These areas include product development, design verification and validation, component and/or supplier selection, documentation, development of labeling, design transfer, process development and validation, pilot production, routine manufacturing, test/inspection, device history record evaluation, distribution, service or repair, and complaints.
Management and employees should have the correct attitude if their quality system program is to be effective. After a quality system is in place and checked, it should not be allowed to stagnate, it should continue to be dynamic. The system remains dynamic through continuous feedback, "big-picture" monitoring by system audits, management review, and corrective and preventive action.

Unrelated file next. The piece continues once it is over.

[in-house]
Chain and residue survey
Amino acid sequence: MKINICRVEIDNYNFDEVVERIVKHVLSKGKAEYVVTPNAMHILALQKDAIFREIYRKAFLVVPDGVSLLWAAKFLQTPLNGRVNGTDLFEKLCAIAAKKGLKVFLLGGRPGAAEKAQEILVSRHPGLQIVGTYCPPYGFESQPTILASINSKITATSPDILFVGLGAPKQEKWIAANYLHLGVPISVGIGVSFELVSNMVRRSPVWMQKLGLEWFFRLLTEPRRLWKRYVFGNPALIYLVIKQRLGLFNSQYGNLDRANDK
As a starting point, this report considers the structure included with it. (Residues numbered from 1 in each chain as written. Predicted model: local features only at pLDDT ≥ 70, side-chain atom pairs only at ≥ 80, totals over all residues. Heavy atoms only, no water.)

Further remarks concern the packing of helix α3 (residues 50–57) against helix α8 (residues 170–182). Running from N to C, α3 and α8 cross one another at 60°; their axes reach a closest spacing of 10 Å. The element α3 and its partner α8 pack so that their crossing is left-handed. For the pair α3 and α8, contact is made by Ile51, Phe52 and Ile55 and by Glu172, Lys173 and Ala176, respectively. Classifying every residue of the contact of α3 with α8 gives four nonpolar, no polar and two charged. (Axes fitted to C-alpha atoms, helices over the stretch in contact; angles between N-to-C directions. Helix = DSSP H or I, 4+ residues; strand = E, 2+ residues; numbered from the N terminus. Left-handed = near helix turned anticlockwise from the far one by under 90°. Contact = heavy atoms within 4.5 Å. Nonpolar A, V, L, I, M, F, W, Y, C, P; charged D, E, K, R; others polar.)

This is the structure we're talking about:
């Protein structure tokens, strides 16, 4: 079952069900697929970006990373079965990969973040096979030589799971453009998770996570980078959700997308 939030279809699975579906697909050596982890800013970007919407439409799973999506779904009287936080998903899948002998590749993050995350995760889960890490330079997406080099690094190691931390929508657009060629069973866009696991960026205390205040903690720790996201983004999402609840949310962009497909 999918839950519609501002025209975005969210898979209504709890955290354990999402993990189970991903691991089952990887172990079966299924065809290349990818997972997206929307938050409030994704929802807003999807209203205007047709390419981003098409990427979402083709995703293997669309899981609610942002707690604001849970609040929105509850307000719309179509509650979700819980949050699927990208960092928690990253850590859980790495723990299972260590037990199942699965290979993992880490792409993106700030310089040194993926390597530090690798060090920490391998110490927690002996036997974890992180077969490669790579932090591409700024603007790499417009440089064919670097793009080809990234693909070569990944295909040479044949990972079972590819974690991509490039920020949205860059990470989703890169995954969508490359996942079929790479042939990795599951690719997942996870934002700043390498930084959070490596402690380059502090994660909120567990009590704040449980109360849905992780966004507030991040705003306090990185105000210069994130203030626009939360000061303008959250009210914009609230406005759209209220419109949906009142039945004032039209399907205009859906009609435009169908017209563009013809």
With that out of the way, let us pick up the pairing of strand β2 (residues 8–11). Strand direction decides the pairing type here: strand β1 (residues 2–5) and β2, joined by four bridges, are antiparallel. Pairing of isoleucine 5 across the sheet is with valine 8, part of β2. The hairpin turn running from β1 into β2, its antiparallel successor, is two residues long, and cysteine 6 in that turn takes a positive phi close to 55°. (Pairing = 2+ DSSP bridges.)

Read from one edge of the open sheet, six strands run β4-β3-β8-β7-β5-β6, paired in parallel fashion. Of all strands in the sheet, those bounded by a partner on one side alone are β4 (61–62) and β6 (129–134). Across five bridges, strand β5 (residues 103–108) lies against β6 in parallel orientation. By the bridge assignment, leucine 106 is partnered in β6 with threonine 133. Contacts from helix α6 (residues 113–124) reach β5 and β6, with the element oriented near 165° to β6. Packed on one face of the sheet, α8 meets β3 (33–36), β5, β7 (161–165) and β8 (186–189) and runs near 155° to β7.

The result is an organization that is operating in a known state-of-control for the device design, process design, manufacturing processes, and records. A properly functioning quality system results in increased safety and effectiveness of the device, reduced liability exposure, reduced regulatory exposure, increased customer satisfaction, less scrap, lower costs, much less confusion, higher employee morale, and, as a result, higher profits.